7. They learn life skills. Life skills are something many kids learn without realizing it. Simple daily procedures at overnight camp, such as cleaning their cabin or tent, making their bed, setting the dining table for a meal and cleaning up afterward are habits that carry on after they leave camp.
The kids will learn teamwork and cooperation since they’ll be participating in a group or as ‘a cabin.’ The ‘all for one and one for all’ philosophy works wonders at summer camp and can help your child become more confident and outgoing.
They may also pick up a few good habits at camp, as well. A number of parents have told me that after their child came home from camp, they started helping to clear the table after meals and make their bed - at least for a little while.
8. It gets them physically active. Overnight summer camp is filled with physical activities that involve running, swimming, hiking and, of course, playing. There are also times in the day where the kids can just relax, but the sign of a good camp experience is when the kids are tired but happy at the end of the day.
9. Everything is low tech. The majority of overnight summer camps have a ‘no electronics’ policy that may be harsh for some kids but is a great way to help them realize they can live without their phone or tablet for a little while. If your child asks, tell them that all camp activities are in ‘real-time’ and are ‘interactive.’ There is no ‘delete’ or ‘return’ button, so they may have to try doing something again and again.
Announcements are made in the dining hall live and in person. There are no texts, emails, or Snapchats so messages are passed on to each other by physically speaking to another person. The only hi-tech item your child should bring to camp is a flashlight.
10. It creates memories. As a camper and a camp counsellor, I learned a lot of new skills and a lot about myself and others at summer camp. There are people that I can picture exactly how they looked over 30 years ago and moments at camp that have helped shaped me into who I am today. It’s great to meet up with old friends from summer camp, and it’s a real treat to be recognized by former campers who can recall fun moments from so many years ago. It’s also quite special when these campers, now adults, speak fondly of their time at summer camp, and it gives me a great feeling of knowing I was a part of that.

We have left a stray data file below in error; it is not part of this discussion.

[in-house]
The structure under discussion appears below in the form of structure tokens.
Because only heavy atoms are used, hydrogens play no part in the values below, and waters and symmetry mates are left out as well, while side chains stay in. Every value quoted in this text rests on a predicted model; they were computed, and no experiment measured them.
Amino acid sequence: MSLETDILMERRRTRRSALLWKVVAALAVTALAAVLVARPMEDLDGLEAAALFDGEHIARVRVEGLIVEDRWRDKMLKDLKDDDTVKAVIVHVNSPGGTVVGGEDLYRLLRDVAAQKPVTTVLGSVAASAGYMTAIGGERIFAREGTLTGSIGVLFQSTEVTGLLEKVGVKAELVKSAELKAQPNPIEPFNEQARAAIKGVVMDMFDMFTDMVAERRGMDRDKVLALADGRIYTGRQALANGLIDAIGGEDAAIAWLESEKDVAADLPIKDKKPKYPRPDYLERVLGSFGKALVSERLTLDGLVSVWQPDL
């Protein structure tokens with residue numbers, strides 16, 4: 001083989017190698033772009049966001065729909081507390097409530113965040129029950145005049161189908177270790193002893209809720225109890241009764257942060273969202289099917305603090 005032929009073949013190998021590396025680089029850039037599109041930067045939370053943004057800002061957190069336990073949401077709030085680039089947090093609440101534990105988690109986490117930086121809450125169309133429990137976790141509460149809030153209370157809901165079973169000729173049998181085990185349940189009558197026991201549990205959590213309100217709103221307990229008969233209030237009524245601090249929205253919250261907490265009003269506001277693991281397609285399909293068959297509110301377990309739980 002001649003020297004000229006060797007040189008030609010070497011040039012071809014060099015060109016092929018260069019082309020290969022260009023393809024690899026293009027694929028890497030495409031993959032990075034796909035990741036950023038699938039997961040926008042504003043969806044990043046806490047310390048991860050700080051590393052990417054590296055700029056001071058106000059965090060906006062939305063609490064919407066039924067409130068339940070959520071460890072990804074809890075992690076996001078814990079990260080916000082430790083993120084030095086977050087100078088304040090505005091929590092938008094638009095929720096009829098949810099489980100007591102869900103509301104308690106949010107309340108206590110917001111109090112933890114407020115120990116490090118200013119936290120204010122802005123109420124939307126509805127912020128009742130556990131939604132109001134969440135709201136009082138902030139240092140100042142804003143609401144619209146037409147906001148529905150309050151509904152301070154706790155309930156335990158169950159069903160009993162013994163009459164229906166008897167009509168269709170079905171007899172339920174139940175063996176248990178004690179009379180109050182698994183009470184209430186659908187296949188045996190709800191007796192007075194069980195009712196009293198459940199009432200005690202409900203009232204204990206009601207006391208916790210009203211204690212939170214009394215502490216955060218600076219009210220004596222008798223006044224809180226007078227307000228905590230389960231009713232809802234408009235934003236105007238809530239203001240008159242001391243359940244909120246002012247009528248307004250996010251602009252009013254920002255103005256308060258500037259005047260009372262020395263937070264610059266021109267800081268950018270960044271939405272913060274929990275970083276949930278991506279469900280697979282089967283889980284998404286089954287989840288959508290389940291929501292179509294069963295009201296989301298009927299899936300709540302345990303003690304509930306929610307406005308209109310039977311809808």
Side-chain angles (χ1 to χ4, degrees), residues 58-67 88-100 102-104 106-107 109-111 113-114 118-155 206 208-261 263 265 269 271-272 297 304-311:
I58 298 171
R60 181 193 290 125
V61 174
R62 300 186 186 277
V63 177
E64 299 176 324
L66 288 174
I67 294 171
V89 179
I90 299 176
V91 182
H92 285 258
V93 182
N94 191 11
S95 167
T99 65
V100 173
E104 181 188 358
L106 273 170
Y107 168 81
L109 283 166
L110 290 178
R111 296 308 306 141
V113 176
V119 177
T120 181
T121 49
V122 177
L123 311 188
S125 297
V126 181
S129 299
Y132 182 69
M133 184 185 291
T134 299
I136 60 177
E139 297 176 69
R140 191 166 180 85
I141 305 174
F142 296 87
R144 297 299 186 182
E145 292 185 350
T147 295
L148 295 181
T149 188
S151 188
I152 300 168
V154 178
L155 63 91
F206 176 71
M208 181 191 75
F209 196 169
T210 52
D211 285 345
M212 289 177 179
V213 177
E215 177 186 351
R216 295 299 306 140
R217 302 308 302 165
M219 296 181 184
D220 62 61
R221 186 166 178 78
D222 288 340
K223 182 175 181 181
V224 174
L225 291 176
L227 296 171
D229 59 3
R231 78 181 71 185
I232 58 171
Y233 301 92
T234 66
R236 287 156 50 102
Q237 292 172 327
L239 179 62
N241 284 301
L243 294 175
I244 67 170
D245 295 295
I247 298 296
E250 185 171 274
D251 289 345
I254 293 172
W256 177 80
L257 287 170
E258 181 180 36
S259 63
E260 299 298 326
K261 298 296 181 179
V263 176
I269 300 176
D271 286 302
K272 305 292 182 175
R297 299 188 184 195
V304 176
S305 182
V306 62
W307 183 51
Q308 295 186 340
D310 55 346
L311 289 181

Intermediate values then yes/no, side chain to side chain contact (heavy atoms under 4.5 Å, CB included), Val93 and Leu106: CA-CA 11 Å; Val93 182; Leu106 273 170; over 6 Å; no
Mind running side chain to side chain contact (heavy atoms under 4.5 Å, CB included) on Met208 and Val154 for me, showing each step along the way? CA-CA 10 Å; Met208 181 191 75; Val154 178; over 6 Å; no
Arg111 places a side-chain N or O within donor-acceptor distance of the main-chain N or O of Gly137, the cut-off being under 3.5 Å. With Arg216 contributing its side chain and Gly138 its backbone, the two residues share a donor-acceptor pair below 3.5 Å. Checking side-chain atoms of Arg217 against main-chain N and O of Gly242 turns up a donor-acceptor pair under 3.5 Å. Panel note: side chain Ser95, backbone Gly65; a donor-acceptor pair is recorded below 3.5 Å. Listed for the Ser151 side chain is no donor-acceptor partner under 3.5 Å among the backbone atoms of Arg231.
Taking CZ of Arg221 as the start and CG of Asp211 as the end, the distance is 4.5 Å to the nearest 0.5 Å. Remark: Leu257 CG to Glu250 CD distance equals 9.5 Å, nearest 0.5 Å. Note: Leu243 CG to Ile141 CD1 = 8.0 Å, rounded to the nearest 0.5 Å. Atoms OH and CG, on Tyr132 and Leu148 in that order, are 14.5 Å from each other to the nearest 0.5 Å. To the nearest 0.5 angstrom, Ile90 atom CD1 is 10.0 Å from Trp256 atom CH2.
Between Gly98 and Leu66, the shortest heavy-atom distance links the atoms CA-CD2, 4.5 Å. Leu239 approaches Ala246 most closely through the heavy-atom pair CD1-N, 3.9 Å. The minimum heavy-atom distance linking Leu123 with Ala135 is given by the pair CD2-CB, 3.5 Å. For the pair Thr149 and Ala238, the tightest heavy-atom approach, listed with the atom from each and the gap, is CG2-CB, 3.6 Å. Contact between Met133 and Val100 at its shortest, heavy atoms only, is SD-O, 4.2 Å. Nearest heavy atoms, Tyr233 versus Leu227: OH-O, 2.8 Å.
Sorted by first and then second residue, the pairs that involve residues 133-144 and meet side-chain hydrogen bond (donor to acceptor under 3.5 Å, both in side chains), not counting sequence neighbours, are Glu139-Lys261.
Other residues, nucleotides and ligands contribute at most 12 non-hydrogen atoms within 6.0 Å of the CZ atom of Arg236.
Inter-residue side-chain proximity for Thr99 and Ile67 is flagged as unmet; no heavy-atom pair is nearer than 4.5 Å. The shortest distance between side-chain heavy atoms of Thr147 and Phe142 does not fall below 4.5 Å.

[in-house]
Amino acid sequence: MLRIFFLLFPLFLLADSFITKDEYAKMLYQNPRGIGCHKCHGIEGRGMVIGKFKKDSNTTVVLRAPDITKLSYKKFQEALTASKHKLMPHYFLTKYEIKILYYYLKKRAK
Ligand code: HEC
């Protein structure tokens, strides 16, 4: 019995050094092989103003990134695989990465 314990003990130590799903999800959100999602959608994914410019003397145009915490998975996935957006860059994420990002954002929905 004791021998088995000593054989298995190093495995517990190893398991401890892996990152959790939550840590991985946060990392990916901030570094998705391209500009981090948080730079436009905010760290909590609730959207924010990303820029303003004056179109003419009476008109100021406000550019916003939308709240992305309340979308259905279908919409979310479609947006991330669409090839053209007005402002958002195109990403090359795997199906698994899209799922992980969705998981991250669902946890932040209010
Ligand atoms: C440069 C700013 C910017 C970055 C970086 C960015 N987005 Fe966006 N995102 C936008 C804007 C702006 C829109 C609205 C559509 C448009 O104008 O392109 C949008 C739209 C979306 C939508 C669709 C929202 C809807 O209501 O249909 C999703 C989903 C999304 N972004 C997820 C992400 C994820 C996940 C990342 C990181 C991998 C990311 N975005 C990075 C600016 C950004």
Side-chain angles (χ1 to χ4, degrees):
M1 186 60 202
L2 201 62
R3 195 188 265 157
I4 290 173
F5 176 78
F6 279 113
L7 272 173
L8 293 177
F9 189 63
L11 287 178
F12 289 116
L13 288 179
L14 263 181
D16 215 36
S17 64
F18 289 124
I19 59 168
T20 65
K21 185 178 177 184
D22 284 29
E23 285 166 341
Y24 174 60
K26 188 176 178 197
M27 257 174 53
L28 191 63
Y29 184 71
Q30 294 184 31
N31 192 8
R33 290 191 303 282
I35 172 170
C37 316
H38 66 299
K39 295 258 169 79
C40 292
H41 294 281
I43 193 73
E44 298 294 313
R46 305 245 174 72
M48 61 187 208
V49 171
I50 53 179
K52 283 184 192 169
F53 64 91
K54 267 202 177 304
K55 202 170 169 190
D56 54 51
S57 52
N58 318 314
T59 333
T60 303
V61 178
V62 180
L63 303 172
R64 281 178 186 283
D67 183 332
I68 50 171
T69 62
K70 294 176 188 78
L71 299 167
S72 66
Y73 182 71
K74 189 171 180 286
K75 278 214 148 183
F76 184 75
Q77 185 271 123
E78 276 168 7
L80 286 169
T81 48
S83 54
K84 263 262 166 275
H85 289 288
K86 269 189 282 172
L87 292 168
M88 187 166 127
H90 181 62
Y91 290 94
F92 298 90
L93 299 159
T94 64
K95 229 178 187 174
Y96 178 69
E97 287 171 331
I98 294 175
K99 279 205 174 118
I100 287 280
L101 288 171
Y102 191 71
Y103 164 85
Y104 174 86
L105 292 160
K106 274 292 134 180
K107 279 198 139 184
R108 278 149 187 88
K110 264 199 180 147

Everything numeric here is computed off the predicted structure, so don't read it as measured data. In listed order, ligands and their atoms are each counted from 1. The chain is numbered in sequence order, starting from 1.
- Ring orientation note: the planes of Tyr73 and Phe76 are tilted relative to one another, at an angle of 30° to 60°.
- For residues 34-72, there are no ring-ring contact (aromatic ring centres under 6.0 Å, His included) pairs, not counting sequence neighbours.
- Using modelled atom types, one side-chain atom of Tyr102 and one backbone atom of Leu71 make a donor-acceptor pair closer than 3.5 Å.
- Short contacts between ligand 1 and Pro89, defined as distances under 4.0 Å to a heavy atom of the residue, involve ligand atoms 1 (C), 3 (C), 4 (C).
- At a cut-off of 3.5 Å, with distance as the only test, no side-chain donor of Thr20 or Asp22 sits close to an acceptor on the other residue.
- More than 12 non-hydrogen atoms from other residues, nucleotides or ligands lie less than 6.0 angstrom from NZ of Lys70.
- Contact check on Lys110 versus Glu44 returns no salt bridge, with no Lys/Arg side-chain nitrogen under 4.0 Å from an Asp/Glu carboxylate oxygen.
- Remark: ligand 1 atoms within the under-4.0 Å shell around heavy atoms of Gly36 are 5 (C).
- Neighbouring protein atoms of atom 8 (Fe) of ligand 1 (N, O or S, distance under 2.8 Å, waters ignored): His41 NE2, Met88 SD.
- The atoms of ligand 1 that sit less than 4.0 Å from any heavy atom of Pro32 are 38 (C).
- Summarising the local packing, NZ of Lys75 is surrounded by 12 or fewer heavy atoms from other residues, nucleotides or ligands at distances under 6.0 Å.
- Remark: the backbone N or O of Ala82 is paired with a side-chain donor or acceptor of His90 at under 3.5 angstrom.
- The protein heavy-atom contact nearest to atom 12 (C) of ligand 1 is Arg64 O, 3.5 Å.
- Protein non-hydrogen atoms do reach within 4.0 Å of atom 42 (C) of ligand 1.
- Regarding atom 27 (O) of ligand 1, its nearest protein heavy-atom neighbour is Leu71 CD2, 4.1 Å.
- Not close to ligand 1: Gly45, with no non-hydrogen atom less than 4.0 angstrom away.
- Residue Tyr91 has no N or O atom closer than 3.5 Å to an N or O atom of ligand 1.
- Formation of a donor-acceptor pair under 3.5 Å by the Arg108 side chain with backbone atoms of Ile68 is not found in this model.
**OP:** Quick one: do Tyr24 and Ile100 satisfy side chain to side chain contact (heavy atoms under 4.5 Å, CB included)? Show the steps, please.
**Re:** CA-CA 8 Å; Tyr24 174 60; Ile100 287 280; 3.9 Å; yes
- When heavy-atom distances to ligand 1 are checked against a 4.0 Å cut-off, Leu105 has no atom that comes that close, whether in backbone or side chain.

There are a lot of camps that can help you send your kid to summer camp, regardless of your financial situation. As a camper, my fees were subsidized so my parents could afford to send me to summer camp and when I was at camp, I was just one of the kids. In my opinion, getting out of town and going to a traditional summer camp is an experience that every kid should have. Your child may not come back with all of their socks and towels, but they will have great memories that last a lifetime.
Brian is a former camper, counsellor, and program director at Camp Minwassin located near Eganville, Ontario. He is also a semi-retired stay-at-home dad and the owner of whattodowiththekids.com, the website that adults go to when they want to know what to do with the kids. To read more articles about summer camp, visit whattodowiththekids.com.